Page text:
We talked about how it was nice for me to be able to stay at home when she and her siblings were little and how unexpected changes in my life led me to return to school and take on the challenges of a working single-mom.
I asked my daughter what her dreams were. If she saw herself graduating from college, having a career, and most importantly to her, having the ability to come and go as she pleases and buy her own clothes and make-up?! I asked her to think about how these dreams may be altered if she were responsible for a child 24-hours-a-day, 7-days-a-week. I asked her what she would want for a child and what she thought would be in the best interest of that child?
We talked about how there are so many loving families out there that are ready now to provide all the love and care for a baby. My daughter nodded her head and I saw that she seemed satisfied to end our discussion.
So, I guess when it comes right down to it, I didn’t really answer my daughter’s question “mom, what would you do….” I gave her the tools to make a decision for herself, just like a social worker would have!
I have already assumed that this question will be asked of me again as my other daughters are rapidly approaching the teen years. The Adoption STAR website has a page devoted to unplanned pregnancy help and advice. This is a resource I plan to direct my girls to if they want to learn more about why women choose adoption and actual stories from young birth mothers.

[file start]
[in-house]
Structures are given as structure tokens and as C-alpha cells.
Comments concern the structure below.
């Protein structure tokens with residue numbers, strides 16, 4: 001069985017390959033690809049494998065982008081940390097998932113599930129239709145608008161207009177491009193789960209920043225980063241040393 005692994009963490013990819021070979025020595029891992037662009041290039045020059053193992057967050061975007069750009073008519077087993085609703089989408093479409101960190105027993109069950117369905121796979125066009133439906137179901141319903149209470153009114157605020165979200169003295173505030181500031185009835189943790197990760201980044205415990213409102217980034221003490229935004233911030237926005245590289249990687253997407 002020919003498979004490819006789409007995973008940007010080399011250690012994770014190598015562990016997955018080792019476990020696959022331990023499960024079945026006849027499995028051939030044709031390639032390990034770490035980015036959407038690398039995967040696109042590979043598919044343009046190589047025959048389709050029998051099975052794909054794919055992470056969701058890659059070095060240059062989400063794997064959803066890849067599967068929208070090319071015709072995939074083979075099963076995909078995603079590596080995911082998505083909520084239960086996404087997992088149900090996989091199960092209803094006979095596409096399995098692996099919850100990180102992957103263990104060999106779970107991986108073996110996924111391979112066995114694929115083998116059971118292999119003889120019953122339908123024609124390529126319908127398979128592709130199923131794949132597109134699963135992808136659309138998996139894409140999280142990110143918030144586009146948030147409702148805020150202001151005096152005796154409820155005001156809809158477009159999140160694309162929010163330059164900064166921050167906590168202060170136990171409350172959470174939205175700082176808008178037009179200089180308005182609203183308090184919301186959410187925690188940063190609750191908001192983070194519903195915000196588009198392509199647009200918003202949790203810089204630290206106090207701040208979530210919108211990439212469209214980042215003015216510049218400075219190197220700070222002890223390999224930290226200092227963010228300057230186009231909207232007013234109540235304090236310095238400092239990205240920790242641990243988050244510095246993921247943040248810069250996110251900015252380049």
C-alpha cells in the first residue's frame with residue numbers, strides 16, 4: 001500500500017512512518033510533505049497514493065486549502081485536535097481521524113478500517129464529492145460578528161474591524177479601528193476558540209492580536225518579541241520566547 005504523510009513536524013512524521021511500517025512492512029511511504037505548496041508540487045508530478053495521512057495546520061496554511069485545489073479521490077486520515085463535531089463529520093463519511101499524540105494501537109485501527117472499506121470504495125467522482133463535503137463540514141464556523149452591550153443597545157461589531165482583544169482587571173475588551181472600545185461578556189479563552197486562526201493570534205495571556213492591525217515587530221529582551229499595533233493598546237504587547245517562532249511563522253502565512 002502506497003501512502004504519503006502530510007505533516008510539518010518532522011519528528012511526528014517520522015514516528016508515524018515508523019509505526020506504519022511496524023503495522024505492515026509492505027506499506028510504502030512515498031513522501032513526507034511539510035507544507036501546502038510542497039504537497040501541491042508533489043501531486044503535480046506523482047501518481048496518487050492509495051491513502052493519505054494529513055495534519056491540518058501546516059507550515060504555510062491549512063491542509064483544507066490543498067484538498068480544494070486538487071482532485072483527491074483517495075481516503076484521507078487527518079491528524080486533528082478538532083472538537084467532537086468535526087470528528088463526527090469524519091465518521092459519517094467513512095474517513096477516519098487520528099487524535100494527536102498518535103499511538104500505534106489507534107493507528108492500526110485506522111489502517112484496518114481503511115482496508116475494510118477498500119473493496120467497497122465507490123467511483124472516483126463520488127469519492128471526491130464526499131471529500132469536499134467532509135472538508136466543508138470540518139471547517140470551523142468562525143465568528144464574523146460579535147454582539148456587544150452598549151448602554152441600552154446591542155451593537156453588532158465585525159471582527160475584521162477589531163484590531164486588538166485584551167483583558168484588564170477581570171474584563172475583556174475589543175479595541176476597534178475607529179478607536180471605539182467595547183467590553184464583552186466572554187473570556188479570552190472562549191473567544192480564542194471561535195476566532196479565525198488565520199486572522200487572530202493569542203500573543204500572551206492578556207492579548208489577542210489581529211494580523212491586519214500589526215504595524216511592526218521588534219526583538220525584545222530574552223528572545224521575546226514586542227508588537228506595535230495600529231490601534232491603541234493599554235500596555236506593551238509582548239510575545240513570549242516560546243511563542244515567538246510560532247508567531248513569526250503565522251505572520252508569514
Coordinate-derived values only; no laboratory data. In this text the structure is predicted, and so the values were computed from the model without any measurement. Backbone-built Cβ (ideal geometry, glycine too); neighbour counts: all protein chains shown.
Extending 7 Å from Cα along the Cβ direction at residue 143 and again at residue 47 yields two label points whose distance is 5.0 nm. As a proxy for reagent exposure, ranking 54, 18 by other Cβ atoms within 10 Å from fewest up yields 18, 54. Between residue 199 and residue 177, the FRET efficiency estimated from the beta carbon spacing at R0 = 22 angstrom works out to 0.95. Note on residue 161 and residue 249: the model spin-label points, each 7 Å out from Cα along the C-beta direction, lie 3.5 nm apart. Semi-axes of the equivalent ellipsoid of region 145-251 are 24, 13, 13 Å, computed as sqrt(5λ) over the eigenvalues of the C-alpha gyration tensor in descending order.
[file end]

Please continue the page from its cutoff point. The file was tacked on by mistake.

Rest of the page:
If you are looking for advice on how to speak to your children about adoption and/or pregnancy, contact our birth parent specialist Sue Shaw at email@example.com.
Here is a very interesting story by the AP from Yahoo! News , along with an ABC video from the Denverpost.com, about high school student Gabby Rodriguez. Rodriguez is a 17 year-old senior at a Washington High School. She recently conducted a 6-month “social experiment” where she faked her pregnancy, only telling her boyfriend, mother, school principal and few others, in order to see the reactions from the town and her classmates.
In the ABC video, Rodriguez talks about the fact that she received a lot of hurtful feedback, and is now looking to show the results of her study to city officials, so that something can be done to help pregnant-teenagers.
This is obviously a very unorthodox idea, but you need to give Rodriguez a lot of credit for her bravery and fortitude to follow through with her plan for six months, accepting the stares and comments that a pregnant high school teenager is sure to get.
What is your opinion of this story? Did Rodriguez do the right thing by leading everyone to believe she was pregnant for six months? How would you have reacted if this situation had happened while you were in high school, or even just in you’re town today?
After the initial shock of finding out Rodriguez wasn’t pregnant, I’d like to believe that I would have respected her commitment to her study, but I’m sure there are a lot of people who feel lied to or deceived. I am also wondering if while being “pregnant” she explored what options a teen in her position may consider? Was adoption something that she explored? Is it information she will share?
It’s hard to say if what Rodriguez did is right or wrong, but I am certain she learned a great deal. I hope she releases the findings of her study publicly so everyone can learn from her experiences.